BURNS, Ore. (AP) — An Oregon rancher whose cattle graze next to the national wildlife refuge that an armed group is occupying says he didn't give them permission to enter his property and remove part of a fence.
The group protesting federal land policy tore down a stretch of government-erected fence Monday near the Malheur National Wildlife Refuge. The group says the goal was to give rancher Tim Puckett access to land that had been blocked for years.
But Puckett told The Oregonian (http://bit.ly/200Lqq0 ) on Tuesday that he wasn't aware of the group's plans and "they didn't have my permission to do anything."
Puckett says one of his representatives allowed the group onto the property but didn't let them remove the fence. He says he works with federal officials on land management and his employees have repaired the fence.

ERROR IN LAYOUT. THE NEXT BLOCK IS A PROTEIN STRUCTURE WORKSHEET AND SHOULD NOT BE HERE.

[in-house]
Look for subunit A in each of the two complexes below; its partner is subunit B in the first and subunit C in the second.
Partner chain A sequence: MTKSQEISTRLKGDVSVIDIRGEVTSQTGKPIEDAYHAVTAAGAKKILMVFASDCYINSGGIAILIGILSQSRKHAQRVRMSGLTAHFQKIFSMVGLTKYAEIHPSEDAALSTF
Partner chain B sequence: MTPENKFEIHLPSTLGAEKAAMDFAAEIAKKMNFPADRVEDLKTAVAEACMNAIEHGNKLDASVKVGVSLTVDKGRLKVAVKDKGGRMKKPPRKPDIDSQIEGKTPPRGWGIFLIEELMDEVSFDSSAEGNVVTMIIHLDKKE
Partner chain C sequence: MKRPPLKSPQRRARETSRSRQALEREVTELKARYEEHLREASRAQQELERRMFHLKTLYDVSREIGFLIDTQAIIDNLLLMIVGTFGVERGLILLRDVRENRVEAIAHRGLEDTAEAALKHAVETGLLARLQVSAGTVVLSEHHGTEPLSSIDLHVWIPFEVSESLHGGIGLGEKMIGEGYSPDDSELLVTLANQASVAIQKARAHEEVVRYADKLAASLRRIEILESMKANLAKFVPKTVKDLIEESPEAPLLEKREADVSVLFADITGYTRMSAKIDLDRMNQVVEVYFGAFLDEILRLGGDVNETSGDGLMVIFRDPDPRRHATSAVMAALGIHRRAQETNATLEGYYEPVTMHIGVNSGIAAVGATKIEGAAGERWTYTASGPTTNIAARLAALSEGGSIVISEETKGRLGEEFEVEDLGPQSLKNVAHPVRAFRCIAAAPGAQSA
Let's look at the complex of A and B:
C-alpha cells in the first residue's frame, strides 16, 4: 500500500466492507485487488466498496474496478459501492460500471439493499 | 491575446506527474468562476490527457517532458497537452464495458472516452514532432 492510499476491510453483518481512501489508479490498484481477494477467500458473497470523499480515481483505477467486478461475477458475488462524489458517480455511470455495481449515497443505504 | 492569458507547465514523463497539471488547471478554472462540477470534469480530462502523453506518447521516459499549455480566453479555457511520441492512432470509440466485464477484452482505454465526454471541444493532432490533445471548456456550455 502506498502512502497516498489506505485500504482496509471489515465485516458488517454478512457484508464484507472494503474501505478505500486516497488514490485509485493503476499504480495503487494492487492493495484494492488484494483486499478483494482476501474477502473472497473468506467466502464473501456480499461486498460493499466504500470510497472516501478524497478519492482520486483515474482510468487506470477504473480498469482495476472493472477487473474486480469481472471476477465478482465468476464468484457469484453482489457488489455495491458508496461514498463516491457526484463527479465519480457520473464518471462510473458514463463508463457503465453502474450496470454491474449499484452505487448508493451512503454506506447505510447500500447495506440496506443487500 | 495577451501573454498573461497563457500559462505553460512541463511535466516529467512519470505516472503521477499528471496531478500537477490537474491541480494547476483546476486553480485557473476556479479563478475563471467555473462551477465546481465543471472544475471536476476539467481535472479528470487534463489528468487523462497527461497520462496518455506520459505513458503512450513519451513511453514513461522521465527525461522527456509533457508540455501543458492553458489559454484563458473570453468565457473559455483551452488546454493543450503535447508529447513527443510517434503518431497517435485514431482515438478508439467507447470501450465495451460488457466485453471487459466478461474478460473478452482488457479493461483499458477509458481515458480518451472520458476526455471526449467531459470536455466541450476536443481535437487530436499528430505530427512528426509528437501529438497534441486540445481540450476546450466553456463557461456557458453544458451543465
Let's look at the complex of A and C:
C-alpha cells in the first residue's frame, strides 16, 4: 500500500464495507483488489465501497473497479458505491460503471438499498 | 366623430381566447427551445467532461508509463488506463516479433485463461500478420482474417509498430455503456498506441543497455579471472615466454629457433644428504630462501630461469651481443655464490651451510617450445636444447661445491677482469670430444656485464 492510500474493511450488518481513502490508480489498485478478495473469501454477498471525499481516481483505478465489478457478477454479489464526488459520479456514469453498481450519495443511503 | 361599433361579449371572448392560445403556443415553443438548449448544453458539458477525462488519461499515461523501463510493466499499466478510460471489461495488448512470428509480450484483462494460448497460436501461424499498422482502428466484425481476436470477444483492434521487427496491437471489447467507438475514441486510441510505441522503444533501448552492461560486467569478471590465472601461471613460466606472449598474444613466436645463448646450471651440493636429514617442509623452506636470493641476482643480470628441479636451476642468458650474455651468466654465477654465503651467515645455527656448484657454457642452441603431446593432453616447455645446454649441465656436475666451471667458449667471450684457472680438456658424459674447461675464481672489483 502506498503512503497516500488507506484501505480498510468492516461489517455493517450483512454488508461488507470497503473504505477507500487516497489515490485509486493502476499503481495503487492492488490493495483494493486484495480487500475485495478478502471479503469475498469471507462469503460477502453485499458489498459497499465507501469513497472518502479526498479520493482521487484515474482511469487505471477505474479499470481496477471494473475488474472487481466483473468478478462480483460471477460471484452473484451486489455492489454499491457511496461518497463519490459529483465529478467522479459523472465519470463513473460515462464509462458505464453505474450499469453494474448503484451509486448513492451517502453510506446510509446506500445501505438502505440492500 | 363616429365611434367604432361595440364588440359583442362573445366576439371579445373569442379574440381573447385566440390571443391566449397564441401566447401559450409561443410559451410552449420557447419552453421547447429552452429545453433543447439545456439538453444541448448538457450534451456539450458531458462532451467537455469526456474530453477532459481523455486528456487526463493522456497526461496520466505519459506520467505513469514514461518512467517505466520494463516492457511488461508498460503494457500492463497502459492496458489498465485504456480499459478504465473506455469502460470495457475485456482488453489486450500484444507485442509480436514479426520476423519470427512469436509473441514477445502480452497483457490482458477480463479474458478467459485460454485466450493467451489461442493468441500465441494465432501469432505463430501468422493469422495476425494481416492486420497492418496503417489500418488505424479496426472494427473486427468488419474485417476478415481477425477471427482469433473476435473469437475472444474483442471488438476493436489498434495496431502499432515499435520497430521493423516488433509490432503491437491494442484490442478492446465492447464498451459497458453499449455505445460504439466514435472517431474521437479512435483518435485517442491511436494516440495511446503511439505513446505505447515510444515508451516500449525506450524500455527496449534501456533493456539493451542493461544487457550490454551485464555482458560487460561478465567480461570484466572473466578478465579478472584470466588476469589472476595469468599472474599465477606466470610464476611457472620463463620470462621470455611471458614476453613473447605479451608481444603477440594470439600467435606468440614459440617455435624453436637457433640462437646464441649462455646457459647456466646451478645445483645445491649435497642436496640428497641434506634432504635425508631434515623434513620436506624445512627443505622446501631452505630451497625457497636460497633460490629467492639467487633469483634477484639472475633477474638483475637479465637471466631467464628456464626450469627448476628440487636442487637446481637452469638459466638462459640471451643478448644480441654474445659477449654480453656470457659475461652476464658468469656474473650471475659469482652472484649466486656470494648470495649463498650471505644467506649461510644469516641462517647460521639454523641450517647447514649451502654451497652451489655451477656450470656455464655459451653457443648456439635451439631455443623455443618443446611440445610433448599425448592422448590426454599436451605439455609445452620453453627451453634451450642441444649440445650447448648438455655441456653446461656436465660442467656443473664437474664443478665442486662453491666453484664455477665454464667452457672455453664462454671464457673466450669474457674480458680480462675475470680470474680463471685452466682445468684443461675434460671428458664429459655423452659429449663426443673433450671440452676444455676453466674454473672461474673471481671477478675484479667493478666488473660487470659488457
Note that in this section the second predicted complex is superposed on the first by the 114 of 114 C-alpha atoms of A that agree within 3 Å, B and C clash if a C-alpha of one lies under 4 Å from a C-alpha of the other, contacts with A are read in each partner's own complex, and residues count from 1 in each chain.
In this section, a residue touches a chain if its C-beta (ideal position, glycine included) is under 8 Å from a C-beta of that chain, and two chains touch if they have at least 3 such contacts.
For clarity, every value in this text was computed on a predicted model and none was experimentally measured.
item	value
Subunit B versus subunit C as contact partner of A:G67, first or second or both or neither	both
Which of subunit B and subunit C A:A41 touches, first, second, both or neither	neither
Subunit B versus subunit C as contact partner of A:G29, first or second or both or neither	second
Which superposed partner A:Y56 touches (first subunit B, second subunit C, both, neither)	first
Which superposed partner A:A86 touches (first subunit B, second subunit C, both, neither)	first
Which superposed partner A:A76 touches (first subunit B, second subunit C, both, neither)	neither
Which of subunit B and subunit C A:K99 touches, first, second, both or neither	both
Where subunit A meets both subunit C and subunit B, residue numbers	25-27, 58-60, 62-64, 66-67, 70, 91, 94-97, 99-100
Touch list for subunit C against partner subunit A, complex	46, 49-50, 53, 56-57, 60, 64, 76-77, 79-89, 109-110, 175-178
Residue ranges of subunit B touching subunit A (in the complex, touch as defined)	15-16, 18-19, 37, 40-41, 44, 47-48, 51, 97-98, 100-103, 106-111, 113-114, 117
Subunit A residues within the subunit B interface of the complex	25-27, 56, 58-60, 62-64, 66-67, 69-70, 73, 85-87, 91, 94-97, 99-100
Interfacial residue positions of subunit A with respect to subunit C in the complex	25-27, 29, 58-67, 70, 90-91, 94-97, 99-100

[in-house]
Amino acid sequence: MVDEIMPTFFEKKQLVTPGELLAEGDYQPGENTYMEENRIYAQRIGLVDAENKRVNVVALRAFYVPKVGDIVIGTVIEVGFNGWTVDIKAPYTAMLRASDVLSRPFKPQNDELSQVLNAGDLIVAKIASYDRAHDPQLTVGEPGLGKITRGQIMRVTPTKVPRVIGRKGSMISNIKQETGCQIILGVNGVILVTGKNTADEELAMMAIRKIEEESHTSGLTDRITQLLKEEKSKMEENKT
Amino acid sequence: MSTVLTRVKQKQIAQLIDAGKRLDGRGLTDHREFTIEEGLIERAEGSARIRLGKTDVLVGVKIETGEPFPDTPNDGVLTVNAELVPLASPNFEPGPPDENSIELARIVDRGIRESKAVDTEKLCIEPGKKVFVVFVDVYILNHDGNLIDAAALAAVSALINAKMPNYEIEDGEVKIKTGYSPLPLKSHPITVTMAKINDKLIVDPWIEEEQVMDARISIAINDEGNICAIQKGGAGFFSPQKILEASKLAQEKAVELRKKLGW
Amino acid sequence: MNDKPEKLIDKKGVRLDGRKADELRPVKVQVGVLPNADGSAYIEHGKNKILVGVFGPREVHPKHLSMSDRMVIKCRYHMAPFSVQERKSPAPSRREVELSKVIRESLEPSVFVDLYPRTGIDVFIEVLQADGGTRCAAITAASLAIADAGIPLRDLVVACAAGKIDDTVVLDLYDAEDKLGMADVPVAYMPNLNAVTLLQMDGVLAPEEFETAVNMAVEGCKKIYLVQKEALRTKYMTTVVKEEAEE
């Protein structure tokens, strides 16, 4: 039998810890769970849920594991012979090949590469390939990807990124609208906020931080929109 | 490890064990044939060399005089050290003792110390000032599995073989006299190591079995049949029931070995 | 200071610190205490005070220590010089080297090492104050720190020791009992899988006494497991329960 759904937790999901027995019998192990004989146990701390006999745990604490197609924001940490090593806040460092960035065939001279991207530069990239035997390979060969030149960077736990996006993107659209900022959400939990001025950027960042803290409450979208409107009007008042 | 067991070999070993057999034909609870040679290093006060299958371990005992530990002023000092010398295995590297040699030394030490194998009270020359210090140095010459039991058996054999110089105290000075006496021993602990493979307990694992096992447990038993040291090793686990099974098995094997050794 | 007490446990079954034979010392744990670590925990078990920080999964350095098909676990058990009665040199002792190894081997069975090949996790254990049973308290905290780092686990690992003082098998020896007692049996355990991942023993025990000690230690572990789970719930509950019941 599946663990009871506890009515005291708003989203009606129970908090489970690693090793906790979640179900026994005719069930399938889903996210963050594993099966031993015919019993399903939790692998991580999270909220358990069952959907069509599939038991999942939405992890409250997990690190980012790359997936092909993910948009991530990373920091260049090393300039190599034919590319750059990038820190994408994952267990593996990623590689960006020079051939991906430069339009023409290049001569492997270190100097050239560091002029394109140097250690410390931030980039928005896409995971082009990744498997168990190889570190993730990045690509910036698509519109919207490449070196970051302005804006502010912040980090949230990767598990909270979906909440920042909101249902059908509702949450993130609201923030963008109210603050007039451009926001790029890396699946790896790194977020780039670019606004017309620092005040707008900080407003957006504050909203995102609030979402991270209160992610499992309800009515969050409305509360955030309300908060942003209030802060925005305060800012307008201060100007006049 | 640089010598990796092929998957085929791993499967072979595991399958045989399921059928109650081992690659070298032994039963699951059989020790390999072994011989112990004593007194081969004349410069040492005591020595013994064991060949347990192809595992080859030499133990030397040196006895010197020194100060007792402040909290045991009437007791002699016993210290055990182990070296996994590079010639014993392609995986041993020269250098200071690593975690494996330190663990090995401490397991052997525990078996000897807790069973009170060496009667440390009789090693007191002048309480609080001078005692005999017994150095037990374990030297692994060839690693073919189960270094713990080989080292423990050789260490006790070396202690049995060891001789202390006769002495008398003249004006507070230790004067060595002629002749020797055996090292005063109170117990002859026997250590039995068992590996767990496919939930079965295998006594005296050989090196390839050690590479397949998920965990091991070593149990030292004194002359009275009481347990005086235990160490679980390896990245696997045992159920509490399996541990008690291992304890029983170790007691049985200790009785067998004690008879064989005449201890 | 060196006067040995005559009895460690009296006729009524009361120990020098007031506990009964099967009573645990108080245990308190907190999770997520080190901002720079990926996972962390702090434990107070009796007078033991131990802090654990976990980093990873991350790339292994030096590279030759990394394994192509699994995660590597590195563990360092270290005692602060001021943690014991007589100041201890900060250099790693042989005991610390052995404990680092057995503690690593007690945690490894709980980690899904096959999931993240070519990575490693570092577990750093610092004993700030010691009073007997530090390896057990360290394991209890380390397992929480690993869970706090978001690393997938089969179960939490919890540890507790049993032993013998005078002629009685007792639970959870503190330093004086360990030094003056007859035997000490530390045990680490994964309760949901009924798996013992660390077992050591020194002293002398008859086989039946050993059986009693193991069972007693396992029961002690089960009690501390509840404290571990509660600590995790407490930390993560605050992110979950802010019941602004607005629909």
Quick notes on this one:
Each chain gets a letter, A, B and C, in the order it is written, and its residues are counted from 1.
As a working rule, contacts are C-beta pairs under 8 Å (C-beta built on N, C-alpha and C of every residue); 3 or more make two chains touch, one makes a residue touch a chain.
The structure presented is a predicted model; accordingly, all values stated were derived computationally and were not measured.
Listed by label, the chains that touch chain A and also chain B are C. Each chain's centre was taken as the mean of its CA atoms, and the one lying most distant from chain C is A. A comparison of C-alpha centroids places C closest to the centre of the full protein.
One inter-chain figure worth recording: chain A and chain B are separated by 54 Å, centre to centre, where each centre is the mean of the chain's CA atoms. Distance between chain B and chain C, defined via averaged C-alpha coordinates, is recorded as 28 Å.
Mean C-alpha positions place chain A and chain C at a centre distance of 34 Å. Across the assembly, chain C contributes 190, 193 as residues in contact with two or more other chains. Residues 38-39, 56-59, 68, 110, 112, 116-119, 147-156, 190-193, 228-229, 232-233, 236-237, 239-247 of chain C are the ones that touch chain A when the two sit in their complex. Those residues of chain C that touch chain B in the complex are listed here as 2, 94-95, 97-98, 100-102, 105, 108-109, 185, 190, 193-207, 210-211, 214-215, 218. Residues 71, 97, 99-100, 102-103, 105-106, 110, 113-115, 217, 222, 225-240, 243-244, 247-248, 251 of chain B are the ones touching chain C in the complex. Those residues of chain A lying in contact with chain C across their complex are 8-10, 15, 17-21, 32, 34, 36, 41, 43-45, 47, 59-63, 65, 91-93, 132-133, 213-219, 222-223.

The small group lead by Ammon Bundy is under pressure from many locals to end the occupation that began Jan. 2.
The group plans a meeting Friday night with the local community to explain their actions, Bundy has said.
Bundy has previously said the group would not leave until a plan was in place to turn over federal lands to local authorities. They also want the release of Dwight and Steven Hammond, father-and-son ranchers convicted of arson who returned to prison last week to serve longer sentences.
Though their case set off the occupation, the Hammonds have distanced themselves from the Bundy's group.
Federal, state and local law enforcement are monitoring the occupation but have not taken action.